3 Python Packages Changing Data Visualization

Jake from Mito
3 min readApr 14, 2022


Data visualization is becoming a more and more important part of data science and data analysis. We are seeing a trend of Python packages that are working to make Python analysis more relevant for those outside the data science team. One way to do this is through visualizations. Visualizations makes data analysis understandable to less technical audiences. Here are 3 packages that make data visualization easier and more accessible.

  1. Mito

Mito is a free Python package that allows the users to call a spreadsheet interface into their Jupyter environment. Every edit you make in the spreadsheet will generate the equivalent Python in the code cell below.

Mito allows the Python users to generate their graphs in a point and click environment, but it also generates the equivalent code for each of these graphs. This is allows for further customization and the ability to put the visualizations into production.

Here is a demo video from the Data Professor:

To install Mito, run these commands:

python -m pip install mitoinstaller
python -m mitoinstaller install

Then open Jupyter Lab, and this code should appear:

import mitosheet

Just run those commands to render the Mitosheet.

Here are the full install instructions.

Mito has lot’s of great functionality for exploratory data analysis, data cleaning, and data analysis, including:

  • Generating graphs and the equivalent code
  • Creating pivot tables
  • Merging datasets together
  • Using spreadsheet formulas
  • Filtering and sorting datasets
  • Looking at summary statistics
  • Filling null values
  • and much more!

Here is the full documentation.

2. Plotly

Data visualization in Python is extremely popular for data scientists, through packages like Matplotlib and Seaborn. But these packages, though thorough, do not make charts that are visually stimulating or interactive. Plotly is making huge strides in these two areas.

Plotly offers the standard charts that every Python users would want to use. Here is a screenshot from their website:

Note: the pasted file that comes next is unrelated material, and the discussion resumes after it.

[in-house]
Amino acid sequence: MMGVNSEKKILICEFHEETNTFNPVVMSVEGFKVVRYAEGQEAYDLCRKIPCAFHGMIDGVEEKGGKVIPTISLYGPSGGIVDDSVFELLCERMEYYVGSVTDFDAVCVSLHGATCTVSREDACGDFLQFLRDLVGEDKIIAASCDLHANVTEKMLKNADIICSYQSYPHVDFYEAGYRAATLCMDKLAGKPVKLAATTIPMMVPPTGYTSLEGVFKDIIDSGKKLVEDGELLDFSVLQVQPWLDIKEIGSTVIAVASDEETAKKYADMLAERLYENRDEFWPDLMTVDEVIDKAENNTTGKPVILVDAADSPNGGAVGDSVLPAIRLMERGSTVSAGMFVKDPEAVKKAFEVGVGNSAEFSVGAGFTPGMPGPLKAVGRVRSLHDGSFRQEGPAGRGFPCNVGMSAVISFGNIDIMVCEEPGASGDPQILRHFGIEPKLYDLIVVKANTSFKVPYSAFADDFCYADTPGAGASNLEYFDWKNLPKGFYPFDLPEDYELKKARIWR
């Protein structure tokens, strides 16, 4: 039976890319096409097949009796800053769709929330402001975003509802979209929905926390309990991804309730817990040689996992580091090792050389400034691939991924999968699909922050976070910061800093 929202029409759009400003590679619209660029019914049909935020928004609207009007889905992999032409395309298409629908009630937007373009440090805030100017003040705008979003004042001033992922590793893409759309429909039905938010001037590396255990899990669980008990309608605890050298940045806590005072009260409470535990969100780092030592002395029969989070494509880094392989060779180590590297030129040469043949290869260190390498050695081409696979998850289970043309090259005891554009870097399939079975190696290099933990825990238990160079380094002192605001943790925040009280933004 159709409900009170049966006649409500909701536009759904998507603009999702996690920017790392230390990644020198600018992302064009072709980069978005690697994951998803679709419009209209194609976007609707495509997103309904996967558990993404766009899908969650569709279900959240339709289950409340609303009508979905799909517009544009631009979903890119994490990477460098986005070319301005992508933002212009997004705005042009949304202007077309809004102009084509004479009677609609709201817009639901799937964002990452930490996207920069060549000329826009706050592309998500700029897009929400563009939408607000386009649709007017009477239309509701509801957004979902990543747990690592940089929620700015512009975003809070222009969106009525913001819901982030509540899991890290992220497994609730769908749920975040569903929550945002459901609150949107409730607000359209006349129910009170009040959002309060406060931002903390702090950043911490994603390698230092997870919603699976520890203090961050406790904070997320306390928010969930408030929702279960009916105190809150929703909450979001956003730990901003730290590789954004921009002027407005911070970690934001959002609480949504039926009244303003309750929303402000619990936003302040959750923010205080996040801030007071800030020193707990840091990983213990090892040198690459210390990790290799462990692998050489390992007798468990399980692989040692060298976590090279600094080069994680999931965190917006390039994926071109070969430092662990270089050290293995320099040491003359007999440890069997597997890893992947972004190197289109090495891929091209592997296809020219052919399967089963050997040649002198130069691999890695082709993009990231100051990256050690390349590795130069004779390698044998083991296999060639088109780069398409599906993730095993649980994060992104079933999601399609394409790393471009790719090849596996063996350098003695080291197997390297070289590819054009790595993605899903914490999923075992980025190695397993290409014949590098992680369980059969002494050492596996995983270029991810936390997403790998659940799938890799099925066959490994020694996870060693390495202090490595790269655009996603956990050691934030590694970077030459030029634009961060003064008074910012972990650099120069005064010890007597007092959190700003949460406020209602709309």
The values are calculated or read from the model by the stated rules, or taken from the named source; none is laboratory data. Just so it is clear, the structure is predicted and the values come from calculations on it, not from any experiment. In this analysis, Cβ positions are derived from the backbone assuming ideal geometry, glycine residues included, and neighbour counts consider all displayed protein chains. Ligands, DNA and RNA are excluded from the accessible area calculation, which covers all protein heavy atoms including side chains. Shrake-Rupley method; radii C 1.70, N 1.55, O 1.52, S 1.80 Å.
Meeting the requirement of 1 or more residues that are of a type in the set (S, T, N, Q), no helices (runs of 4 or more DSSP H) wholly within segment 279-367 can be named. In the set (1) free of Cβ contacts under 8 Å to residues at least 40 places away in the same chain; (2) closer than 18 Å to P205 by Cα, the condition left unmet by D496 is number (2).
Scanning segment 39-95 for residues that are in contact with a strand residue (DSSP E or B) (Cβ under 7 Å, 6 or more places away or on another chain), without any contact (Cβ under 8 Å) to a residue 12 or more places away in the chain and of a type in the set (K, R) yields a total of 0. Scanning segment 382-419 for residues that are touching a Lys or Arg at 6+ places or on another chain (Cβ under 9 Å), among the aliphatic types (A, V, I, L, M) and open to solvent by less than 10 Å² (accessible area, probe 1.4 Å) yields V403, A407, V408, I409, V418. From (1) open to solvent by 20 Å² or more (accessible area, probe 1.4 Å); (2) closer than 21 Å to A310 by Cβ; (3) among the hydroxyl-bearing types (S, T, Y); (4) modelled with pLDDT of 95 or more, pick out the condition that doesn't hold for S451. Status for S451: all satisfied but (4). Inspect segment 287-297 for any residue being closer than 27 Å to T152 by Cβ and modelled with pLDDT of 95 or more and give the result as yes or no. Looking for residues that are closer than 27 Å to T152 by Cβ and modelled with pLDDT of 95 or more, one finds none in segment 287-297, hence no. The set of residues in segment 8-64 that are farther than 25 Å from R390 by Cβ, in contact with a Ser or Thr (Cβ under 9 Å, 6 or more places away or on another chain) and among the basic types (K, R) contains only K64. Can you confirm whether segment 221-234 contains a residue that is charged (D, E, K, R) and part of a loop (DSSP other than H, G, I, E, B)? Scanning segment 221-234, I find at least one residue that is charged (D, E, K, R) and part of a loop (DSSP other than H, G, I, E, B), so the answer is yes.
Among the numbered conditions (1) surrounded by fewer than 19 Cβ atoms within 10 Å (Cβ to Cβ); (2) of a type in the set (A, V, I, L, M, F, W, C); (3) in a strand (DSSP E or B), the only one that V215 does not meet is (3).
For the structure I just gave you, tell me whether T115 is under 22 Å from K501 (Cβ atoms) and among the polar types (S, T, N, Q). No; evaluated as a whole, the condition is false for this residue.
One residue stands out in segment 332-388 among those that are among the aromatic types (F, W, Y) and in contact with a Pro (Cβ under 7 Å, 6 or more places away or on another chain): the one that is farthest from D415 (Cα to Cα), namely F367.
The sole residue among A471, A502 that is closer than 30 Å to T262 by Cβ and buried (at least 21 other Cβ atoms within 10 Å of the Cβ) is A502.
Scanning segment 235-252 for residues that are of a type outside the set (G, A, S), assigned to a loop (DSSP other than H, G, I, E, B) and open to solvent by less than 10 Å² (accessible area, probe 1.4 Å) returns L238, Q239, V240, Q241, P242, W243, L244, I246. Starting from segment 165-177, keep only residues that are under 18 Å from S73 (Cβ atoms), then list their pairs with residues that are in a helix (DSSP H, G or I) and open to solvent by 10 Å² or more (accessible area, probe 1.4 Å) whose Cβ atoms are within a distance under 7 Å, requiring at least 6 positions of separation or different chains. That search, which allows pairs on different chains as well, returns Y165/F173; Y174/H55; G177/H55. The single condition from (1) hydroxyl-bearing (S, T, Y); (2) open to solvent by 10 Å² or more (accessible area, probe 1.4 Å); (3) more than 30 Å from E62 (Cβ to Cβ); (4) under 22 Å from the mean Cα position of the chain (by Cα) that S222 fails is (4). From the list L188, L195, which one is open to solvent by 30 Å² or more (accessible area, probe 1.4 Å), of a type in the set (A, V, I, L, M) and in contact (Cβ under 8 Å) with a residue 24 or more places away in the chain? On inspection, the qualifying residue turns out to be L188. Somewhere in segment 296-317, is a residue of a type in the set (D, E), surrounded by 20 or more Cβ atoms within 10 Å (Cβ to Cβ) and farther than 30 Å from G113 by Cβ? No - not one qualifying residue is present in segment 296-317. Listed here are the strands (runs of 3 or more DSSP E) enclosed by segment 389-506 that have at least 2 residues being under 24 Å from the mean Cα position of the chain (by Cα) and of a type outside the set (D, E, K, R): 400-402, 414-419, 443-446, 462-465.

But they also give access to advanced graphics, centered around ML and AI.

But the real innovations is Plotly’s focus on interactive charts. Instead of having to worry about adjusting the code anytime you want to change the view, Plotly gives you a GUI to do so.

This is the first example from the Plotly Graphing Package documenation:

In even this simple example, you can change the color of the graph using the UI dropdown on the right.

In terms of a combination of ease of set-up and flexibility of graph, Plotly is the best graphing package I have come across.

3. Lux

Lux is a great tool for data visualization and exploratory data analysis. Lux will take any data frame and automatically recommend visualizations that help you explore and share the data. You do not need to write any of the visualization code yourself.

To import lux:

import lux
import pandas as pd

Below you can see how Lux provides visualization options for any data frame. All you need to do is select the chart you want. No coding required. This is a huge time saver, as getting the exact correct syntax from a package from like Matplotlib or Seaborn can be time intensive.


Lux allows you to export your visualizations as well, making the sharing process smooth and simple. You can export the visualizations to HTML, or you can convert them into the equivalent Matplotlib code, so you can edit them further.

I hope you found these packages helpful for your data visualization tasks :)



Jake from Mito

Exploring the future of Python and Spreadsheets